Just the thought of his many years in exotic countries made Jane sigh with a frustrated longing to travel abroad--something her mother didn't understand. Jane had made plans for her dowry money in anticipation of her parents' acquiescence, mapping out each country she would visit, continuing to learn the appropriate languages. She refused to give up on her dreams so quickly.
     Lady Whittington stood arm in arm with Charlotte Sinclair, Jane's sister. The two women were so alike in their petite, rounded beauty; Jane felt like a lanky giraffe next to them. They watched her and the baron with hopeful speculation.
     Lord Chadwick led her near a small table, then turned to face her. "I say, your gown is quite the fashion, my dear."
     She began to wonder if he flashed his dimples with deliberation. "Thank you, my lord. You do justice to your garments, as well." Out of the corner of her eye, she saw her mother whiten with shock.
     But Lord Chadwick only looked inordinately pleased. "Do you really think so? I must say that since I arrived in London a month ago, I have been frequenting many a tailor to find just the right man for the style I require."
     Jane's smile remained frozen on her face. Surely he would not subject her to the details.
     "I am quite exacting in my demands about the quality of material and the emphasis on the latest designs."
     He suddenly walked about her, and she narrowed her eyes at the spectacle he was making of himself.
     "I do have an exacting eye," he continued, "with a little help."
     To her surprise, he pulled a monocle out of his breast pocket, and she noticed it was attached to his lapel by a delicate gold chain. He fixed it before his right eye and squinted down at her.
     "Is your gown of satin broche?"
     "How--"
     "And what a lovely shade of peacock blue."
     Peacock? What a perfect description of him! She was beginning to panic over the thought of endless evenings listening to such topics, when he paused and grinned.
     "Ah, but you're diverting me from the perusal of my lovely bride-to-be."
     Again she felt his gaze linger below her neckline, and the squint caused by the monocle made it seem as if he leered at her. She was hardly displaying an immodest amount of skin, and she was affronted by his rudeness. More and more of her mother's guests were arriving, and she felt their curious, amused stares.
     "That is an exquisite necklace you're wearing," he murmured.
     He had pitched his voice lower, and his eyes seemed overly warm.
     She touched the pearl pendant self-consciously. "My father sent it to me from India."
     "I always knew he had good taste."
     She narrowed her eyes as she stared at him. "And how long have you known my father, my lord?"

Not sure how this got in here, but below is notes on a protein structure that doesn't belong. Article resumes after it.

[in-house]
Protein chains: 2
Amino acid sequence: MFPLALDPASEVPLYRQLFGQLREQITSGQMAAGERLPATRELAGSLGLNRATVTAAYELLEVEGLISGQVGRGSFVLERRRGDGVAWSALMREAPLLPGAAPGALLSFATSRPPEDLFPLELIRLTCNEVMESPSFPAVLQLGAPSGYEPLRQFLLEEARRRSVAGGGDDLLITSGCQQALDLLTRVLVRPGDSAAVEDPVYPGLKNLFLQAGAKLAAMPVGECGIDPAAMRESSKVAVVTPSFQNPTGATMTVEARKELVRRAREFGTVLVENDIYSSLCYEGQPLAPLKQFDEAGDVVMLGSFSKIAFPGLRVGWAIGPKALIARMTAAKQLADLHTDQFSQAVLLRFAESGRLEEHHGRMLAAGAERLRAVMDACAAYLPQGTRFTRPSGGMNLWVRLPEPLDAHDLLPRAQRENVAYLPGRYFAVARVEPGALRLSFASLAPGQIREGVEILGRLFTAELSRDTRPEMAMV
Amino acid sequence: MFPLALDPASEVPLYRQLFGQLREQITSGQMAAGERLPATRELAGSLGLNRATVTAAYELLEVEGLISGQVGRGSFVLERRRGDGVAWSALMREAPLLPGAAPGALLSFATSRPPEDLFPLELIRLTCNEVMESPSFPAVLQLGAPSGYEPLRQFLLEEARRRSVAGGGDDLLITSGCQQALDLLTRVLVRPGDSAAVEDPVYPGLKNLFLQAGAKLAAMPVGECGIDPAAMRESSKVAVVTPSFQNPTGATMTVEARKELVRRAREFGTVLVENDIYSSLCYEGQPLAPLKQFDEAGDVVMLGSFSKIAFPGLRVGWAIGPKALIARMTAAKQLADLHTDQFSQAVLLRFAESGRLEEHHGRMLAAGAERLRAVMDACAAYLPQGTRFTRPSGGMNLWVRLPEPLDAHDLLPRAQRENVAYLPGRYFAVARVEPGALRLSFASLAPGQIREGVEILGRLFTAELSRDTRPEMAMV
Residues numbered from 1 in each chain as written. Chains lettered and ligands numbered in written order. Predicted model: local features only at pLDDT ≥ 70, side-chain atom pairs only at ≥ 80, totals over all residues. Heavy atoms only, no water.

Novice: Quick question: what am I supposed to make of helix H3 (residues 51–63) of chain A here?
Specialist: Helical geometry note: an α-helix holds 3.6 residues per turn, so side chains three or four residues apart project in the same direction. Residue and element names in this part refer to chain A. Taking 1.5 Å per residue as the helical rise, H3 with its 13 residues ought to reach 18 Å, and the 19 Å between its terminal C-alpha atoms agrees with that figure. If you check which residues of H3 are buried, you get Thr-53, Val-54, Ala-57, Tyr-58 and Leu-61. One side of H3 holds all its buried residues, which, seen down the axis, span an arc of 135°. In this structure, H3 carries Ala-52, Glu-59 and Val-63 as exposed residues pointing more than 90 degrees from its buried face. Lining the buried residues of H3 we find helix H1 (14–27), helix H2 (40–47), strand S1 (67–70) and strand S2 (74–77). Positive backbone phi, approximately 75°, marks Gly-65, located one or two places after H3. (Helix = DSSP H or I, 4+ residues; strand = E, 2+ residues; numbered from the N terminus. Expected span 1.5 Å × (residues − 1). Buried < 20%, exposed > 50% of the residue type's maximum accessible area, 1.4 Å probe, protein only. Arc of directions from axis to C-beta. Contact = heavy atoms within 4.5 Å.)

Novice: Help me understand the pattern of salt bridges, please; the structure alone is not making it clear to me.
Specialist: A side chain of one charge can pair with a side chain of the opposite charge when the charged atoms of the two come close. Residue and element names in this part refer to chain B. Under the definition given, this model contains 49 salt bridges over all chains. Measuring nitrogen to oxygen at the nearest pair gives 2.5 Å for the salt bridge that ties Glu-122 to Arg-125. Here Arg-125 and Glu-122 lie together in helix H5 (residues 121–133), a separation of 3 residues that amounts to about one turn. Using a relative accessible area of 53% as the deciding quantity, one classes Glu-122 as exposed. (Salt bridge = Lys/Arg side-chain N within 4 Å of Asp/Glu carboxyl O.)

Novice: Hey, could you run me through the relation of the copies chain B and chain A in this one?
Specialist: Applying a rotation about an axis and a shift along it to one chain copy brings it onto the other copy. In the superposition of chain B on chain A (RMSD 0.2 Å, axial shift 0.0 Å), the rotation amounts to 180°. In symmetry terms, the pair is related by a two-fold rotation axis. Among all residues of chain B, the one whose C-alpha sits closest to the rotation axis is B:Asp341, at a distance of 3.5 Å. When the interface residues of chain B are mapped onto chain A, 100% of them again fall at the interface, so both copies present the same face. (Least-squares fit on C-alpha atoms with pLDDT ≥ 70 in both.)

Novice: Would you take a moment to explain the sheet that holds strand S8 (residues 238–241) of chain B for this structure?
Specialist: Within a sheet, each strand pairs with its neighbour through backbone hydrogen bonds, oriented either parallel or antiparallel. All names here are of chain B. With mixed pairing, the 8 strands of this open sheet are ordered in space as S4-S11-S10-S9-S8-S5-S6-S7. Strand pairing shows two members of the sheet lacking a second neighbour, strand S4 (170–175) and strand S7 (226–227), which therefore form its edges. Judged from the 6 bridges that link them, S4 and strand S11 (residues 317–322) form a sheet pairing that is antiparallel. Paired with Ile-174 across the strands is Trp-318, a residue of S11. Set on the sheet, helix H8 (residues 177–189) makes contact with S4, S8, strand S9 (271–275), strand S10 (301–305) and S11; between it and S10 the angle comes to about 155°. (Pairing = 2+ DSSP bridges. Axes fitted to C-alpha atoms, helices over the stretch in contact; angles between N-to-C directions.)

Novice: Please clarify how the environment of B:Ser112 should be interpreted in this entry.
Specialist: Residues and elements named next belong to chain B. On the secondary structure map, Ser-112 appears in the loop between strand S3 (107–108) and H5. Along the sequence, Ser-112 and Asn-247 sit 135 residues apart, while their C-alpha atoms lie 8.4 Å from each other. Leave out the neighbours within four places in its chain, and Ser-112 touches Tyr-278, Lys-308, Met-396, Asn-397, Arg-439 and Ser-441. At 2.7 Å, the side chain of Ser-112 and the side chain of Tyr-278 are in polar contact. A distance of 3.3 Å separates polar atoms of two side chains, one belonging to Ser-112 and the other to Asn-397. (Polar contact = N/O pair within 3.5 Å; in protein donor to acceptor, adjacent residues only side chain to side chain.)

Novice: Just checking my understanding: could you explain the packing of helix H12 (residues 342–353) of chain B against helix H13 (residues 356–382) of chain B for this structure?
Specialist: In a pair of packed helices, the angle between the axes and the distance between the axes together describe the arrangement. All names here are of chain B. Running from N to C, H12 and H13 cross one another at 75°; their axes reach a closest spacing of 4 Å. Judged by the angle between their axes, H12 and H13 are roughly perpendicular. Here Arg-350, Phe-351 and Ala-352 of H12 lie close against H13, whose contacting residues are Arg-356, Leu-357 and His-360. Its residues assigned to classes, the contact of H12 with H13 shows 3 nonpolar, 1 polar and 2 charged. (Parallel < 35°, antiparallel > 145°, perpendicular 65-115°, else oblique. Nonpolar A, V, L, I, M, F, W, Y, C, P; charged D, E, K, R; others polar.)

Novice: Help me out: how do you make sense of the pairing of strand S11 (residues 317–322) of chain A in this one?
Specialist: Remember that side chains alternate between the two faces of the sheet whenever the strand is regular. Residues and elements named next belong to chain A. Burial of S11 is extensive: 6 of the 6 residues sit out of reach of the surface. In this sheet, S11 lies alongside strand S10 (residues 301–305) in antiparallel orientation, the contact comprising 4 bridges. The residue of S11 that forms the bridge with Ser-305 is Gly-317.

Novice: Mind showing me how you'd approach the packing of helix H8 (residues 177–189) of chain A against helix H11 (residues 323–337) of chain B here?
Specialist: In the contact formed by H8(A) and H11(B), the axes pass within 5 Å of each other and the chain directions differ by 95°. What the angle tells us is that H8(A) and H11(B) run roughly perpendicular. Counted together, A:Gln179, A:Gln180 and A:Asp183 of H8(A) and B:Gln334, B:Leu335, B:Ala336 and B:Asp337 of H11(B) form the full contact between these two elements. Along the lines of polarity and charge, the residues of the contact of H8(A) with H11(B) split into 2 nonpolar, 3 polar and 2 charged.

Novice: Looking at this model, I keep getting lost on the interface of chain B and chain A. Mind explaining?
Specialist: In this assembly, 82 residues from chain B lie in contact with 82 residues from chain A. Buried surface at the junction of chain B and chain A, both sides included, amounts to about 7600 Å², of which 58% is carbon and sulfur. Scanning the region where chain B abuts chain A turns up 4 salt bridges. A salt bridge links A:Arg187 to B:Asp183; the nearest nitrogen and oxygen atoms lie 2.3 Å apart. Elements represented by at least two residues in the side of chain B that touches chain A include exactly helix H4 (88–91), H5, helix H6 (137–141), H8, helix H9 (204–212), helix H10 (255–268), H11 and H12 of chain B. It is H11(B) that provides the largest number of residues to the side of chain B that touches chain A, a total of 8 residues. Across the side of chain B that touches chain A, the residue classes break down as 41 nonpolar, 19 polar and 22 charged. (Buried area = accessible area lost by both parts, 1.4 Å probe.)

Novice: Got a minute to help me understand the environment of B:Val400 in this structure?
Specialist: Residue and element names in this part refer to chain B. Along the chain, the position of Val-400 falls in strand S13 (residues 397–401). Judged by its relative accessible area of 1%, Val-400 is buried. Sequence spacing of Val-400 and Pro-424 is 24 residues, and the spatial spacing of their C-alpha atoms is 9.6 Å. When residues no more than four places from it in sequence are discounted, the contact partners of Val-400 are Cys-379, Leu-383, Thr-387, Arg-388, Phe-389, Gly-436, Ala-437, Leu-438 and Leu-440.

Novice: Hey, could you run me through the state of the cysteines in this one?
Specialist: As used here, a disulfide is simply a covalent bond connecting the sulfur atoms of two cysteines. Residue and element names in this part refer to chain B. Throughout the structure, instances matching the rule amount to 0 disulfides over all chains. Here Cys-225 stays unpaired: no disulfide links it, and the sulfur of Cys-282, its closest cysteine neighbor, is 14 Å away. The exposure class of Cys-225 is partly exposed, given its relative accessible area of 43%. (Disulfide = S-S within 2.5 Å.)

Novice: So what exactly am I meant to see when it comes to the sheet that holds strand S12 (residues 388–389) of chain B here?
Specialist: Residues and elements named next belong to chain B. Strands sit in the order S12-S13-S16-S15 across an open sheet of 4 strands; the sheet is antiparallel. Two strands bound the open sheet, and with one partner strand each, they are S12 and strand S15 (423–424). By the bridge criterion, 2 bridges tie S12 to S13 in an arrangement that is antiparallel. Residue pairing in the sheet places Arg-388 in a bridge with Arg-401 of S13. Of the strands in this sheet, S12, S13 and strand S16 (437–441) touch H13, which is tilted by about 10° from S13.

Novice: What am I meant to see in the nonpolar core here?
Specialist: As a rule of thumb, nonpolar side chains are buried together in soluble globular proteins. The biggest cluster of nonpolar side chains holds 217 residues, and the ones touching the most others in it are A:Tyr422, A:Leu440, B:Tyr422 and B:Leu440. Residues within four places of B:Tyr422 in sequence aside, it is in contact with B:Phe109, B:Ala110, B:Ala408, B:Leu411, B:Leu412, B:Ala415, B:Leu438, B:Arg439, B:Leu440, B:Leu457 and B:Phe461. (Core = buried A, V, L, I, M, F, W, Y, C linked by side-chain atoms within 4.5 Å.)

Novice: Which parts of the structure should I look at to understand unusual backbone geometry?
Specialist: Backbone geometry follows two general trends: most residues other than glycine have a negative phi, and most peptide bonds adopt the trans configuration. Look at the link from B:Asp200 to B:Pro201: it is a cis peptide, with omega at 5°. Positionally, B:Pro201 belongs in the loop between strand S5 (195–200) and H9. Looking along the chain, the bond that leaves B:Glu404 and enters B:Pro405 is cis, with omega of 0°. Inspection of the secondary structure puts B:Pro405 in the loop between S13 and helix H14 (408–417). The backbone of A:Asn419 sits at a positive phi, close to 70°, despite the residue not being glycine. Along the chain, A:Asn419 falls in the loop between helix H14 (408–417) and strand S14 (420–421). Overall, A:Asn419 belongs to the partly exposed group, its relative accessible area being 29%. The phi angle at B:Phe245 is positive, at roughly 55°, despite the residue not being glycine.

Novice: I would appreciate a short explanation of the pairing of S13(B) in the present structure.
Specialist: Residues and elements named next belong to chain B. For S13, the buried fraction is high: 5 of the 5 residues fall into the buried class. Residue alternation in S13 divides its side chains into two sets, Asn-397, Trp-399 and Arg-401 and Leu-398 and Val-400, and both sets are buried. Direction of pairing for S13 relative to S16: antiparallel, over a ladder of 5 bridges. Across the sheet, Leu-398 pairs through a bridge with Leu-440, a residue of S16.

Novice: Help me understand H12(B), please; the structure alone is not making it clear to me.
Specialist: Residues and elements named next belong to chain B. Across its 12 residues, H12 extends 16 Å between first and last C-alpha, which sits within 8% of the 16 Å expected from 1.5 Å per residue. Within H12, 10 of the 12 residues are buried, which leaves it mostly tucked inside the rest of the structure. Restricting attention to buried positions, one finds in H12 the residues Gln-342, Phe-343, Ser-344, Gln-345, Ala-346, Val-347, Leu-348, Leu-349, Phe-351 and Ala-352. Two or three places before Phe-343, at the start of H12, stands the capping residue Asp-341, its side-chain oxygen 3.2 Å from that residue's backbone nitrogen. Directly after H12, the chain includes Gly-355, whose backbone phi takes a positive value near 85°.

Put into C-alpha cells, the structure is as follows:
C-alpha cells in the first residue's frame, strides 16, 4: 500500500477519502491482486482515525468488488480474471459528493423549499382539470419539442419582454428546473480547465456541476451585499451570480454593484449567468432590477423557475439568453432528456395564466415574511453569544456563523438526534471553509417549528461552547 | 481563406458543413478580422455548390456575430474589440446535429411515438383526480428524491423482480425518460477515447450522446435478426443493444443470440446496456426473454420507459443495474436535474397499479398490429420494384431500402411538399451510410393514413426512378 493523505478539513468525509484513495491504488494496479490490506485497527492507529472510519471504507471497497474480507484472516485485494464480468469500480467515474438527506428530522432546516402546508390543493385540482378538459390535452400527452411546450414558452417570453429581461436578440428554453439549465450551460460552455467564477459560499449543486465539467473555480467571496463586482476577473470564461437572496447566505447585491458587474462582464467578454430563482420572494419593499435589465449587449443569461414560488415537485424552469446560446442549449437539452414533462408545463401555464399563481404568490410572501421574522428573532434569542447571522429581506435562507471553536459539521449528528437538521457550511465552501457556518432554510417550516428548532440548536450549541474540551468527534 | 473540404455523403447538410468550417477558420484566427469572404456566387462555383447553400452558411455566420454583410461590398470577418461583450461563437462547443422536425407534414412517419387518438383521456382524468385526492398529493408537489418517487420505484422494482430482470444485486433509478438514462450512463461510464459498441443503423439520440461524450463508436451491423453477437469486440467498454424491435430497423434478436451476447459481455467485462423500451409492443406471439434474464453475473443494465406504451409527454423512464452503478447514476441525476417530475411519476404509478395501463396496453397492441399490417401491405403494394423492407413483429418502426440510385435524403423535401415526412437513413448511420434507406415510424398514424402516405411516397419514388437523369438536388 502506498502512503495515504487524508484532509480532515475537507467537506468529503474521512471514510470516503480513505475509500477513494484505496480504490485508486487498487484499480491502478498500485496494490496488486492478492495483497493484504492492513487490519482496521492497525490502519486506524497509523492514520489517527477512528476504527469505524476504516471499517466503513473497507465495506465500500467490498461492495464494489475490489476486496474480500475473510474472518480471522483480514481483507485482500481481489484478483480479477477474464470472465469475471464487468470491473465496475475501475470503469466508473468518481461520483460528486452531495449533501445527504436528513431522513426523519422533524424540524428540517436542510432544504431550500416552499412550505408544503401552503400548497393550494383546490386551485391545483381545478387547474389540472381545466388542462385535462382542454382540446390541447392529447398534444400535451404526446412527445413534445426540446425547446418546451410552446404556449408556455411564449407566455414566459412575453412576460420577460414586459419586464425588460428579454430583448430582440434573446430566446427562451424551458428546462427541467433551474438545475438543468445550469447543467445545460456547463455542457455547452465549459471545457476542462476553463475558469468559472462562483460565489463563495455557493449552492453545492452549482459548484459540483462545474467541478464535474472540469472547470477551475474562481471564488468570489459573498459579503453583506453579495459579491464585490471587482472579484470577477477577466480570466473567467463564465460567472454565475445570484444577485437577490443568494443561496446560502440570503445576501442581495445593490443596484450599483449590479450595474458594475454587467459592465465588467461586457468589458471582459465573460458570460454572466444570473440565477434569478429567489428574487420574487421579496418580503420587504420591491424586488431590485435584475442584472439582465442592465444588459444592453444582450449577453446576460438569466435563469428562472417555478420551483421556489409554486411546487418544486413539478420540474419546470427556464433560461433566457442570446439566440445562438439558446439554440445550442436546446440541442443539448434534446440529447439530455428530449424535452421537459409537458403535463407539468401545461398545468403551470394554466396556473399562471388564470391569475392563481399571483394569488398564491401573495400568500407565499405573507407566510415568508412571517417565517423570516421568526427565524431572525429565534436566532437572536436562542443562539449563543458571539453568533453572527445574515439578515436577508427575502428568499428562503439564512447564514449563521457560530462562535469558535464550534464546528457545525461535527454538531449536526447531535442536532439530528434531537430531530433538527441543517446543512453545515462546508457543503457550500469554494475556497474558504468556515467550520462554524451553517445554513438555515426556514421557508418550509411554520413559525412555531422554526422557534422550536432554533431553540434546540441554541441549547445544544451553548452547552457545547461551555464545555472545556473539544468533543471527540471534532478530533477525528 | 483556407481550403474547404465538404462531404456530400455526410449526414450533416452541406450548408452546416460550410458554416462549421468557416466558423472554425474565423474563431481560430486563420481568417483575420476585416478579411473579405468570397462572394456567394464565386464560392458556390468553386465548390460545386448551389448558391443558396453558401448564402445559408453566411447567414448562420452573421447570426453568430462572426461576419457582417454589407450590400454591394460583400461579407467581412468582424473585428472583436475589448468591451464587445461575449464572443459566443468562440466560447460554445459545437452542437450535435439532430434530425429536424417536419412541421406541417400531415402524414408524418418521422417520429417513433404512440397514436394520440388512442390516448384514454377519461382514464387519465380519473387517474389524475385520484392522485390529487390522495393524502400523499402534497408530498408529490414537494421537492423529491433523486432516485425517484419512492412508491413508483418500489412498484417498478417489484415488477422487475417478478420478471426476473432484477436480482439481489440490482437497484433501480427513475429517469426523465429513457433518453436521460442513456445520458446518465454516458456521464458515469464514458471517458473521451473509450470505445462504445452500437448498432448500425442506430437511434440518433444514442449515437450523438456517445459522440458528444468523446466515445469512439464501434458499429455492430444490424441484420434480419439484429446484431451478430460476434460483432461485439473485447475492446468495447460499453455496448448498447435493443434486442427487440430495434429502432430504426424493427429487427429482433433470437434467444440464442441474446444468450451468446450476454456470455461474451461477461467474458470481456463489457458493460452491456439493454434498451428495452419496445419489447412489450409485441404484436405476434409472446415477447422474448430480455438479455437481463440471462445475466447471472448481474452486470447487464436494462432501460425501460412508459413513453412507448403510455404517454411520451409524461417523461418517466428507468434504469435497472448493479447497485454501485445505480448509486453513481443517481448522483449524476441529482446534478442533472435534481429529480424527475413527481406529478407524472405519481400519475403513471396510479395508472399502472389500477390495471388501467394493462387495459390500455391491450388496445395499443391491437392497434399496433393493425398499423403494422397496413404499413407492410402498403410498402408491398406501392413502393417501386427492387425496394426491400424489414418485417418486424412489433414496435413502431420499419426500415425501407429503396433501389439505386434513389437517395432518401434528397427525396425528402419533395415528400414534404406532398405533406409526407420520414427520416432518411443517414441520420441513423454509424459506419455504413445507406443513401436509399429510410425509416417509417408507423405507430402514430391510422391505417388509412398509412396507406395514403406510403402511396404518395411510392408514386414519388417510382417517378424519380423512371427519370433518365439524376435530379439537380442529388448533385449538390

He'd been bending near her, but now he straightened almost imperceptibly and let the monocle drop to hang by its chain. "We've done business for many years, but as you well know, he's often been abroad. Since he returned to Yorkshire these two months past, we've renewed our friendship and have begun even closer ties between our families." He grinned. "And naturally you will be the bridge between us."
     A bridge. How romantic. "And what sort of business do you and my father engage in?"
     "Mostly our estates interact--buying produce, wool and other goods."
     Her father had based the most important decision affecting her life on someone who bought the estate's farm goods? Although she had not seen her father in well over two years, he could not have changed so much. Why the secrecy about her marriage?
     And why had her father traveled directly to Yorkshire instead of London on his return from India? Why had he not visited his wife and daughters? The pain from this almost made tears well in her eyes, but she refused to cry before anybody, especially strangers. And that's all William Chadwick was.
     "Excuse me, my lord, I must speak to my mother about the dinner arrangements."
     "By all means," he said cordially, bowing again as he blotted his forehead with a handkerchief. "I look forward to sharing a meal with you."
     She approached her mother and Charlotte and, after drawing them into the library, closed the doors. A startled servant looked up from refilling a sherry decanter and was promptly waved away by Lady Whittington.
     Both women frowned at Jane.
     "Why did you leave Lord Chadwick so quickly?" her mother asked. "You wished for an opportunity to get to know him--this is your chance."
     "I meant before the engagement," Jane answered dryly. "It might have mattered then."
     "Jane," Charlotte said with an underlying impatience that was new to her character since she'd become a widow, "you are being very stubborn."
     Jane shook her head. "'Stubborn' would be if I refused to marry at all. But I would never disgrace you that way, Mama." There must be a way out of the engagement without disgracing anybody at all.
     "I know you wouldn't, dear heart," her mother murmured, touching her arm. "I just wish that you'd trust your father's choice. He knows you well, after all."
     "You don't seem as if you've always trusted his choices."
     Her mother's face blanched, but Jane would not take back the words. Her parents rarely spoke to one another and usually lived continents apart.
     "I trust his love for you, Jane."